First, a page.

Get to know what you are eating…
Food science can make us believe that nutrition is limited to the calories and macronutrients which make them up: fats, carbohydrates and proteins. Yet real food that comes from the earth, the kind your ancestors would recognize, is more complex than this.
It contains vitamins and minerals (micronutrients) essential for every function in your body including the digestion and assimilation of the food that you eat. When we limit our understanding of food to a panel, and believe this is all our body needs, we are shortchanging our health.
The problem starts when we take food apart and strip away it’s vitality. When we eat this type of food, it often leaves our body asking where’s the rest. This contributes to an overfed, overweight and undernourished population. If food maintains its integrity, you can often eat almost anything. Listen to the short video below to learn more.
Skip the panel and read the ingredients list. This will provide you with a true sense of how you are nourishing your body. The shorter the list the better. Whole, minimally processed foods contribute to vital health. Unrecognizable substances sporting chemical names don’t.
Below are two yogourts sold in Quebec. The second one is one of the top-selling brands in this province. Of the two, which one do you think will be easier for your body to digest and absorb?
Nonhomogenized whole milk, live cultures, acidophilus and bifidus
popular national brand
Skim milk, cream, sugar, water, modified corn starch, skim milk powder, fructose, whey protein concentrate, gelatin, lactase, natural flavour, active probiotic culture and active bacterial cultures, natural colour, vitamin D3, malik acid.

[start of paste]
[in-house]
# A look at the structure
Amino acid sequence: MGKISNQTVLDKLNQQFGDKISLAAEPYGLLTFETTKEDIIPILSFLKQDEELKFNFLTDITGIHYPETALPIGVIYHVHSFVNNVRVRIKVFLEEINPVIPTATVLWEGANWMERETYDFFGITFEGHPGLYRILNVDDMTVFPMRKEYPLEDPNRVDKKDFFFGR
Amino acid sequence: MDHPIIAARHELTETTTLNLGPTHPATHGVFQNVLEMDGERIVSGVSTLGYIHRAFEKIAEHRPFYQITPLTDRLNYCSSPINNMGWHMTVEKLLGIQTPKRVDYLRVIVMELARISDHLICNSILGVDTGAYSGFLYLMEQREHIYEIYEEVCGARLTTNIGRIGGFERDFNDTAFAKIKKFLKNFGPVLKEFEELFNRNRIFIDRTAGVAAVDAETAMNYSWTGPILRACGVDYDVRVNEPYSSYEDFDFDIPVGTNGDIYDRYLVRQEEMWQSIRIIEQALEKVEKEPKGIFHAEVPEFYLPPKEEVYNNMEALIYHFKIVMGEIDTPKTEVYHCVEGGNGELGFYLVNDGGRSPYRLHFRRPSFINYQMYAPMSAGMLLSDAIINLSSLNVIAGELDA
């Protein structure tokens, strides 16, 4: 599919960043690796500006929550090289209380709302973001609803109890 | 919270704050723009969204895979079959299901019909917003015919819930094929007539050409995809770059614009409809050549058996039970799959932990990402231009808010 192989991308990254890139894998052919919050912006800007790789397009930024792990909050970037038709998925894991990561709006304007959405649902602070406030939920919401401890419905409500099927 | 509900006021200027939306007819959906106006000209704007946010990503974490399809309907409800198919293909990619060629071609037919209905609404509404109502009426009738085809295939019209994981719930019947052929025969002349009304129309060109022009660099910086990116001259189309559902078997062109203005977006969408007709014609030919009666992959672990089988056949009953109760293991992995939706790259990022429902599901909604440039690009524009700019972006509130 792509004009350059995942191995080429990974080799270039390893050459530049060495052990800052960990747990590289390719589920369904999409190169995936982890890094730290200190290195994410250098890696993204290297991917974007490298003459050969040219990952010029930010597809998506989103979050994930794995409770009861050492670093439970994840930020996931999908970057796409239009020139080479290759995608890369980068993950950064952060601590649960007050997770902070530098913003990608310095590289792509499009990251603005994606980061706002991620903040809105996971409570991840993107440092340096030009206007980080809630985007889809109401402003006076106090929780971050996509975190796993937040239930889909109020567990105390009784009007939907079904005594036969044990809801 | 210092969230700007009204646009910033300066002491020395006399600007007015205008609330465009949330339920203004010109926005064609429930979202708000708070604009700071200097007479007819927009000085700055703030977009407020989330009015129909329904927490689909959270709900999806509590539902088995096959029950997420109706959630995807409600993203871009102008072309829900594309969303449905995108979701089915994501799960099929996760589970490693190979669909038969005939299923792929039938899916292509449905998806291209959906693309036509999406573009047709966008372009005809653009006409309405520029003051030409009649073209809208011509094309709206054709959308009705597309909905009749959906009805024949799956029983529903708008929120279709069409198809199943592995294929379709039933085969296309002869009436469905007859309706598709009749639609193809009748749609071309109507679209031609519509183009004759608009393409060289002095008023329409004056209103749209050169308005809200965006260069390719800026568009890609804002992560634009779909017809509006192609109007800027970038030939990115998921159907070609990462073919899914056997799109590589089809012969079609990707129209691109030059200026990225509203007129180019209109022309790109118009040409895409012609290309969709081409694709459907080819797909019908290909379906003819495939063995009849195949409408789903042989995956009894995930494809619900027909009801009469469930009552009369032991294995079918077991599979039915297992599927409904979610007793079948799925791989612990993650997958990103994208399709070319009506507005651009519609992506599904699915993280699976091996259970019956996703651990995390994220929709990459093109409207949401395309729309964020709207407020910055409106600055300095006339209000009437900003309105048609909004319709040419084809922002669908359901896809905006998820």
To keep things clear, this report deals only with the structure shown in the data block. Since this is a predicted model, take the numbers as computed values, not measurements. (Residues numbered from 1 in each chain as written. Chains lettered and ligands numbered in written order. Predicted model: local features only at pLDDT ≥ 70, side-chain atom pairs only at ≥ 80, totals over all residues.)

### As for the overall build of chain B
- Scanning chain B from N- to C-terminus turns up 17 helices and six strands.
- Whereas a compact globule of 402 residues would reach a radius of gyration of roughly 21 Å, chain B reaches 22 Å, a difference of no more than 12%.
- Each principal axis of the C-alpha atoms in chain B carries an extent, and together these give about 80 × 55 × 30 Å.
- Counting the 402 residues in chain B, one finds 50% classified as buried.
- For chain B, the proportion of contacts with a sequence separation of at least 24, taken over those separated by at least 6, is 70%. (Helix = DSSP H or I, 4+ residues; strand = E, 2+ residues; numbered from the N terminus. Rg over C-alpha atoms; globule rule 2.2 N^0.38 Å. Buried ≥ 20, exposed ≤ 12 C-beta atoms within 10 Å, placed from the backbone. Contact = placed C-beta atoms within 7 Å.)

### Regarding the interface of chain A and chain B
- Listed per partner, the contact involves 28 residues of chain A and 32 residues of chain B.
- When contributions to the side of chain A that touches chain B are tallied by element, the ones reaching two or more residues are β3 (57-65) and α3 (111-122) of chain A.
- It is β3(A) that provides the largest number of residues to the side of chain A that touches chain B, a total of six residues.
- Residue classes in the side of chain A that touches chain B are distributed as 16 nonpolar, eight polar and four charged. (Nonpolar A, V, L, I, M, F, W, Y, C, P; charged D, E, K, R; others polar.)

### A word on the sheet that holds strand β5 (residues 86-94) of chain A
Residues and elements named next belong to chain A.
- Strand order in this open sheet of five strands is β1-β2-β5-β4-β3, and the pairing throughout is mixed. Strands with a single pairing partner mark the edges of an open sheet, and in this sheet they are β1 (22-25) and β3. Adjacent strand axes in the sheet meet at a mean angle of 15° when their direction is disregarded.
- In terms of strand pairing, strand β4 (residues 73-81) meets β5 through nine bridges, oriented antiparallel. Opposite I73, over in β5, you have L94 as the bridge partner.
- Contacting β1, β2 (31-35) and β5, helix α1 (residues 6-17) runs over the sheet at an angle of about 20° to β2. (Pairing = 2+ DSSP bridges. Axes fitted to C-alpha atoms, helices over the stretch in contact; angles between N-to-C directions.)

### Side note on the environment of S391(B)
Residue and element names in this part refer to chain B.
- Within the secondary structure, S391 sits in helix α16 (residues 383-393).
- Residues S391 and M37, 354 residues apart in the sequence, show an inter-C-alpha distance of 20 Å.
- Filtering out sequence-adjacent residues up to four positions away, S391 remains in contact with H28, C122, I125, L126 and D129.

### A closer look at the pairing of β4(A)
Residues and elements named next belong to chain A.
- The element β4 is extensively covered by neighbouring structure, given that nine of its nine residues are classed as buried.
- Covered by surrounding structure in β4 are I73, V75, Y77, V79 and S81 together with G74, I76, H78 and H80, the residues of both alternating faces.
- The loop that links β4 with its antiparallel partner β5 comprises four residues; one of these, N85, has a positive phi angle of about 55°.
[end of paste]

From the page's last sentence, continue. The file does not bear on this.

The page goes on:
Think of other prepackaged foods you eat regularly (including some of the seemingly healthy ones) and the cumulative effect of eating foods which have a laundry list of ingredients that your grandparents would not recognize.
The synergistic whole of plant food – an example
“The naturally sweet foods from which sugar is extracted-sugar beet, sugar cane and corn- are particularly high in nutrients such as B vitamins, magnesium, and chromium. All of these seem to play an important role in the blood sugar regulation mechanism. These nutrients are discarded-or made into animal feed-when the raw product is refined into sugar. Refining strips foods of vital nutrients while concentrating sugars, thus allowing us to fulfill our body’s energy requirements without obtaining the nutrients needed for bodybuilding, digestion and repair.”1
Think of all the foods that contain this type of sugar. The second yogourt in the example above has: sugar and fructose (“commercially, fructose is derived from sugar cane, sugar beets, and maize”).2
Where to start
If this is new to you, you are in for a treat. Montreal has a great food scene, you can visit one of the many public markets and get to know the local farmers. You can sign-up for a food basket, or visit your local organic grocery store, such as Ecollegey in NDG, who have knowledgeable staff to answer your questions.
I also find cold weather conducive to cooking; it’s the perfect time to nest, develop and/or expand cooking skills. Make some soup, roast vegetables or anything else that might warm you up. Food 52, gathers some of the best recipes on the web – take a look Food52 soup, Food 52 roast vegetables.
1 Fallon Sally, Nourishing Traditions (2004). Carbohydrates (p 24). New Trends Publishing: Washington DC, Print.